METCALFE: The old adage: "Grove giveth and Gates taketh away."
CLARK: You know I am an academic researcher. I thought I would ask the panel a question about my future, because I am very concerned about this. We heard all sorts of things earlier in the symposium about the nature of the field and the relationships that exist among research activities. I will be somewhat parochial here in order to focus. For academic research, there is the model of the future of reckless innovation, combined with the alternative model of well, it is all over. Somebody said to me that you can build a better operating system, but it would not matter. You can make a better Web, but it would not matter. You can create a better computer architecture, but it would not matter. It is all over.
In some places, like the silicon industry, I heard that the vector is very clear. They can see all the way out to 2010, and they know the problems they have to solve. I cannot repeat their language because I do not speak their language, but they have to learn how to do bipolar implant polarization. It is advanced technology development. In that context, Howard Frank considers what the research community is doing as very narrow.
I agree. If, in fact, our agenda has been defined by the boundary conditions of Windows 95 and the insistence of the silicon industry to move forward, then I think it is narrow, and there is no funding. If I had a good idea, I can bring one or two FTEs (full-time equivalents) to bear on it, and industry could bring 100 man-years to bear on it. Microsoft cranked out ActiveX in a year, right? How many man-years are in that? So what role can a poor academic play? I find myself asking, "If all of the academic researchers died, what impact would it have on the field in 10 years?"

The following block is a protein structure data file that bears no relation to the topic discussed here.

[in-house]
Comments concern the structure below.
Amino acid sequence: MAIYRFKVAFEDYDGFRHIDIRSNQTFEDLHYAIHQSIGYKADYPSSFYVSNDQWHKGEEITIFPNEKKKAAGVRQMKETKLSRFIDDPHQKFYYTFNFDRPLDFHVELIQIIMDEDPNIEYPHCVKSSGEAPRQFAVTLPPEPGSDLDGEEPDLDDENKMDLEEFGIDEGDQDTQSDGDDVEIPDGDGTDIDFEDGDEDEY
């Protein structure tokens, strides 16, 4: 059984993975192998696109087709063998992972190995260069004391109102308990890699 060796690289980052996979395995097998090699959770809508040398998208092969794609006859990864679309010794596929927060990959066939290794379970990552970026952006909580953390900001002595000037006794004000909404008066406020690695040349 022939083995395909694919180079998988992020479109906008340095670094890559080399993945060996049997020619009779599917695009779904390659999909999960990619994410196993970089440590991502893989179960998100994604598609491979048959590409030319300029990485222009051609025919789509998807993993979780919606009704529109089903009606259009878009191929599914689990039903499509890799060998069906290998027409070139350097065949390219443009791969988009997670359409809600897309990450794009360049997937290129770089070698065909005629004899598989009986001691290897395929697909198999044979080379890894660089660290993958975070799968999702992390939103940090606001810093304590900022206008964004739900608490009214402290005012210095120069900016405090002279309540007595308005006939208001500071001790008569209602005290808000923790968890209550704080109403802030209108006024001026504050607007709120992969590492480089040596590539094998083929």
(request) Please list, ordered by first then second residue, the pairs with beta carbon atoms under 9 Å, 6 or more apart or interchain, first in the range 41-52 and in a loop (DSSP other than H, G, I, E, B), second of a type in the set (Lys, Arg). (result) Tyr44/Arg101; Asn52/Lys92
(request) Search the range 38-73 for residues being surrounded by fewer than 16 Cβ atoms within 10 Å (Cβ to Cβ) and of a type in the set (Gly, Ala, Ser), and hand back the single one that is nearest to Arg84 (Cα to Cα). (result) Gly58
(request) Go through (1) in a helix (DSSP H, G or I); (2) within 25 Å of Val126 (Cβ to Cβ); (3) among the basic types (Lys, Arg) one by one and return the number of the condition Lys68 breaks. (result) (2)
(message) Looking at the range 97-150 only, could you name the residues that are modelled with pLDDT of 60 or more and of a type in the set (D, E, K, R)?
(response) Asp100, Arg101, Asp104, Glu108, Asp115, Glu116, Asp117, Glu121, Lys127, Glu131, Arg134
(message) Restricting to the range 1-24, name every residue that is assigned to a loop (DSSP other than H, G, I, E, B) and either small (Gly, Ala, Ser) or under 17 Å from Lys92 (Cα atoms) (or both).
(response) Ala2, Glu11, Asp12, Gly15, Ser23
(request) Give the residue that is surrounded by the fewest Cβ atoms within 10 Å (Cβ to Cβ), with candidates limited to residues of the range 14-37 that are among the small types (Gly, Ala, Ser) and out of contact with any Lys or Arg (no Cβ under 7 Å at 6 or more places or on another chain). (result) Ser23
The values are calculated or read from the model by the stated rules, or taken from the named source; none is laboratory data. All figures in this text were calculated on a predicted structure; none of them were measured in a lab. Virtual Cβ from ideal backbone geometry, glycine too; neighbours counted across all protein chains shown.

REDDY: No students.
LUCKY: It is like the NBA (National Basketball Association) draft. Students are going to be leaving early, trying to be Mark Andreessen.
CLARK: This has happened to me. I cannot get them to stay. There is no doubt that it is a serious issue for me. So why does it matter?
METCALFE: I think it is true that, right now, industrial advancement in technology is outstripping the universities. I see this as a temporary problem that we need to fix. Some of us need to stop working on all these short-term projects in the universities and somehow leap out ahead of where the industry is now.
CLARK: I once described setting standards on the Internet as being chased by the four elephants of the apocalypse. The faster I ran, the faster they chased me because the only thing between them and making a billion dollars was the fact that you had not worked this thing out. You cannot outrun them. If it is a hardware area, you can hallucinate something so improbable you just cannot build it today. Then, of course, you cannot build it in the lab, either. We used to try to have hardware that let us live 10 years in the future. Now I am hard-pressed to get a PC on my desk. Yet in the software area, there really is no such thing as a long-term answer. If you can conceive it, somebody can reduce it to practice. So I do not know what it means to be long term anymore.
HARTMANIS: I do not believe what was said earlier, that if you invent a better operating system or a better Web or computer architecture, it does not matter. I think it matters a lot. It is not that industry takes over directly what you have done, but the students who move into industry take those ideas with them, and they do show up in development agendas and products. I am convinced that the above assessment is far too pessimistic about the influence of academic research.